If your left index finger suddenly grew about an inch longer, you’d have good reason to freak out. Your brain, however, within seconds would calmly adapt to this bizarre circumstance by altering its map of the body’s surface, a new study suggests. The elongated finger’s sense of touch would change, according to an experiment led by neuroscientist Patrick Haggard of University College London.
The researchers’ conclusion rests on observations of people who underwent arm manipulations that create illusions of finger growth or shrinkage.
Even faced with abrupt increases in body size, the brain adjusts its representation of relevant body parts that it uses to interpret touch on the skin, Haggard and his team conclude in the July 26 Current Biology. Parts of the brain’s outer layer, or cortex, primarily handle tactile information.
The brain modifies its body map for the gradual expansions of skin surface as a child grows, Haggard’s team proposes. However, the brain doesn’t remap after reductions of skin surface, which would be uncommon, as in amputations. This explains, at least in part, why the brain continues to cause sensations where a limb has been removed, according to the investigators.
More typically, though, “the brain’s map of the body changes minute by minute and constructs our conscious experience of the external world,” Haggard says.
The researchers studied 10 volunteers who were blindfolded and had their right arms put in slings. They were then instructed to hold the tip of their left index finger with their right index finger and thumb. At the same time, a device vibrated tendons of the biceps muscles, the triceps muscles, or a tendonfree part of the right forearm.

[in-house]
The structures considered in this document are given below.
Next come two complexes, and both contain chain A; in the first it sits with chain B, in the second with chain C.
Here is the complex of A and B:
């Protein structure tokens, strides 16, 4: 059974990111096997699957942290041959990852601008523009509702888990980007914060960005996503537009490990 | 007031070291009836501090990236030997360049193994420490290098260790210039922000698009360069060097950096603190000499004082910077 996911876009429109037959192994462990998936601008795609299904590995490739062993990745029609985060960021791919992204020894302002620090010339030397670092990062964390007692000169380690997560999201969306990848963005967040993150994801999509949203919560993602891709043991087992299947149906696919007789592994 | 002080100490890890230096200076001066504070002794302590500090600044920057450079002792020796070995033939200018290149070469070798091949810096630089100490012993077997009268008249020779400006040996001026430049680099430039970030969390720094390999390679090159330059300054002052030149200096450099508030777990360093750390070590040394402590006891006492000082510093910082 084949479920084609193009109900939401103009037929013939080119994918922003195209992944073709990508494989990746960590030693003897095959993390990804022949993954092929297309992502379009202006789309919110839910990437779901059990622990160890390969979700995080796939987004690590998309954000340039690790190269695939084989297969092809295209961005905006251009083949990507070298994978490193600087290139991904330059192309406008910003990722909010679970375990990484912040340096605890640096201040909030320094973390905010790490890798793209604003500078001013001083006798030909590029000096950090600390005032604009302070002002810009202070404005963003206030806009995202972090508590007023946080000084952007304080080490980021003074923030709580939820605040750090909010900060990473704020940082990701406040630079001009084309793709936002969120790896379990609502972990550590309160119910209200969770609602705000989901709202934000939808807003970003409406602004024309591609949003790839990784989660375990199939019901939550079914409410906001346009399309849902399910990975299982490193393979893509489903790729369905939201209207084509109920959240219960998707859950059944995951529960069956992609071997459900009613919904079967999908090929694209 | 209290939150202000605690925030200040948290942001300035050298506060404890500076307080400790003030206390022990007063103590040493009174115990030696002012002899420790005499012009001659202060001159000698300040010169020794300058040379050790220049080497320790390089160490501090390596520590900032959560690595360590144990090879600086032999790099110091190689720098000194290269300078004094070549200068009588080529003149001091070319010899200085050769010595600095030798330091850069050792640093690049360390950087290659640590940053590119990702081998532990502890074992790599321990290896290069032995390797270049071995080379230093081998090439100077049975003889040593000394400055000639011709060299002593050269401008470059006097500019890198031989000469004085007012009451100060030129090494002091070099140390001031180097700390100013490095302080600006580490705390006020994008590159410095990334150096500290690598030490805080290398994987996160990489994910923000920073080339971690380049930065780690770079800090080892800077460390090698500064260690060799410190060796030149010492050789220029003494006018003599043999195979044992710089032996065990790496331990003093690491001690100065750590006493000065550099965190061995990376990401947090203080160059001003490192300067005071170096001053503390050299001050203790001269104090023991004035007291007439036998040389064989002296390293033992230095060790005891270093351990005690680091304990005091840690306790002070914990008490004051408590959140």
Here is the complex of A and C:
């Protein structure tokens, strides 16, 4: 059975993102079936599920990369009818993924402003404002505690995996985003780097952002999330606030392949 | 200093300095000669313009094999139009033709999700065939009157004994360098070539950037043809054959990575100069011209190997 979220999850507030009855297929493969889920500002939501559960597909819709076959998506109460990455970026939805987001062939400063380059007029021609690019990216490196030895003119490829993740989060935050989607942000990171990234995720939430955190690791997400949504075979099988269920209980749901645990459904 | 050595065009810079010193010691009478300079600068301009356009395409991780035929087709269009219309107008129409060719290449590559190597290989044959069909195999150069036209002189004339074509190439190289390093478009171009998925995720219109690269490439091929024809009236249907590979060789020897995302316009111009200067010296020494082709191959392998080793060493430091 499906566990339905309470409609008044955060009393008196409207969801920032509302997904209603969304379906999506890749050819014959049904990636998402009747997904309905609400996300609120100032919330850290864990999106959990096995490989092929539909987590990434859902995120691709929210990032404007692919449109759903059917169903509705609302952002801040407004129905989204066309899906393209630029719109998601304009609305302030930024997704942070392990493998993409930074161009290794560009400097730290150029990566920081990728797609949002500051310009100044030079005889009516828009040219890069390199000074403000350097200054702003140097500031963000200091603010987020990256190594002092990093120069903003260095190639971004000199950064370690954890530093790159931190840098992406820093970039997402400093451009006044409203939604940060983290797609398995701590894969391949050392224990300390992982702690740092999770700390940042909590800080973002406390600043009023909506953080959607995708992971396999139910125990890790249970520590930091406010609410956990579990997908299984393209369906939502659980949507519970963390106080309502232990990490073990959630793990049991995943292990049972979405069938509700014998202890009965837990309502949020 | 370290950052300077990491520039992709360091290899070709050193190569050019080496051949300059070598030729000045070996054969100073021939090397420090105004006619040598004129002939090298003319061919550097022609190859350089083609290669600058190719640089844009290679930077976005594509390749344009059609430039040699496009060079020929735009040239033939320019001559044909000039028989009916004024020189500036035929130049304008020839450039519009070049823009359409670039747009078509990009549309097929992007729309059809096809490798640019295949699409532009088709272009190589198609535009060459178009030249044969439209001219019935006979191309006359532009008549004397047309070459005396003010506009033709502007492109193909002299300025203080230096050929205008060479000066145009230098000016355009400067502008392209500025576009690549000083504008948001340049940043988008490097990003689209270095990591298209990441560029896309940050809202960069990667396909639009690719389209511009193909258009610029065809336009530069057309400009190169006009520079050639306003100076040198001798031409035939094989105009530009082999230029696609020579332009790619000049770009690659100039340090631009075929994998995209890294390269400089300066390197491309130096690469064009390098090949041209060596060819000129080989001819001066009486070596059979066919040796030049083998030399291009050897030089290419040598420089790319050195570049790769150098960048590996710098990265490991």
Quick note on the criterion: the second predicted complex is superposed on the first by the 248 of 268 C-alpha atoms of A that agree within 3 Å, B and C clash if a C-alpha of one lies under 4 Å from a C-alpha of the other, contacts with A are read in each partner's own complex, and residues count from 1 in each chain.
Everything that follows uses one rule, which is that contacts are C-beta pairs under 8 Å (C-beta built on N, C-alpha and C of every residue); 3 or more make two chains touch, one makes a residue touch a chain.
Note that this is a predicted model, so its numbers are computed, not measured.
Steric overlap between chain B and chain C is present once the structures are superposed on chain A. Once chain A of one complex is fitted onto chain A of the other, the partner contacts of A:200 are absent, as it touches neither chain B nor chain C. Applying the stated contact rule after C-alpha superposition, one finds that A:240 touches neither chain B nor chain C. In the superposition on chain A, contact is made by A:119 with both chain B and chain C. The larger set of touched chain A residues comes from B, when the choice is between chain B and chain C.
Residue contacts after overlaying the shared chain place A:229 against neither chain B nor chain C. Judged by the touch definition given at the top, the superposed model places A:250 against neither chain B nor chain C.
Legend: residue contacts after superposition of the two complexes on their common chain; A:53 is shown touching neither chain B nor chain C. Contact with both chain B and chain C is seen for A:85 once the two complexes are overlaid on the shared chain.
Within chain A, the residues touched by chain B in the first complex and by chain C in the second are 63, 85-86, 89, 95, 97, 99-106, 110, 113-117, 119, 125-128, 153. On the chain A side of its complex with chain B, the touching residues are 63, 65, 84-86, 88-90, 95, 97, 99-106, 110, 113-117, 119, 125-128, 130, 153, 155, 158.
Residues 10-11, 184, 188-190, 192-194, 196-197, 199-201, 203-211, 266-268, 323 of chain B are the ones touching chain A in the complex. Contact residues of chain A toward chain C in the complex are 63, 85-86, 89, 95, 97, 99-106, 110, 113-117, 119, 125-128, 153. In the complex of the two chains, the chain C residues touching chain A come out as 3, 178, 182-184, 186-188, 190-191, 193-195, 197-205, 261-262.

Volunteers reported that biceps vibrations elicited an illusion of the right arm extending outward slightly and, therefore, of an elongation of the left index finger. Triceps vibrations induced an illusion of the right arm flexing and shrinkage of the left index finger. Forearm vibrations yielded no bodily illusions.
While undergoing vibrations, each participant was touched successively on the left index finger and the forehead with two small metal rods and asked to judge whether the distance between rods on the finger felt bigger or smaller than it did on the forehead. For each condition, finger and forehead rods were the same distance apart in 10 trials and different by 15 millimeters in another 10 trials.
When the left index finger felt longer than it really was, participants consistently overestimated the distance between rods placed on that finger. Estimates were usually accurate when the finger felt shorter than it really was and when no illusion occurred.
Vilayanur S. Ramachandran, a neuroscientist at the University of California, San Diego, says that the results raise intriguing questions about the malleability of touch perception. For instance, he wonders whether, if two rods were placed on a finger as researchers somehow induced the illusion that the finger was expanding, the perceived distance between the rods would expand proportionately.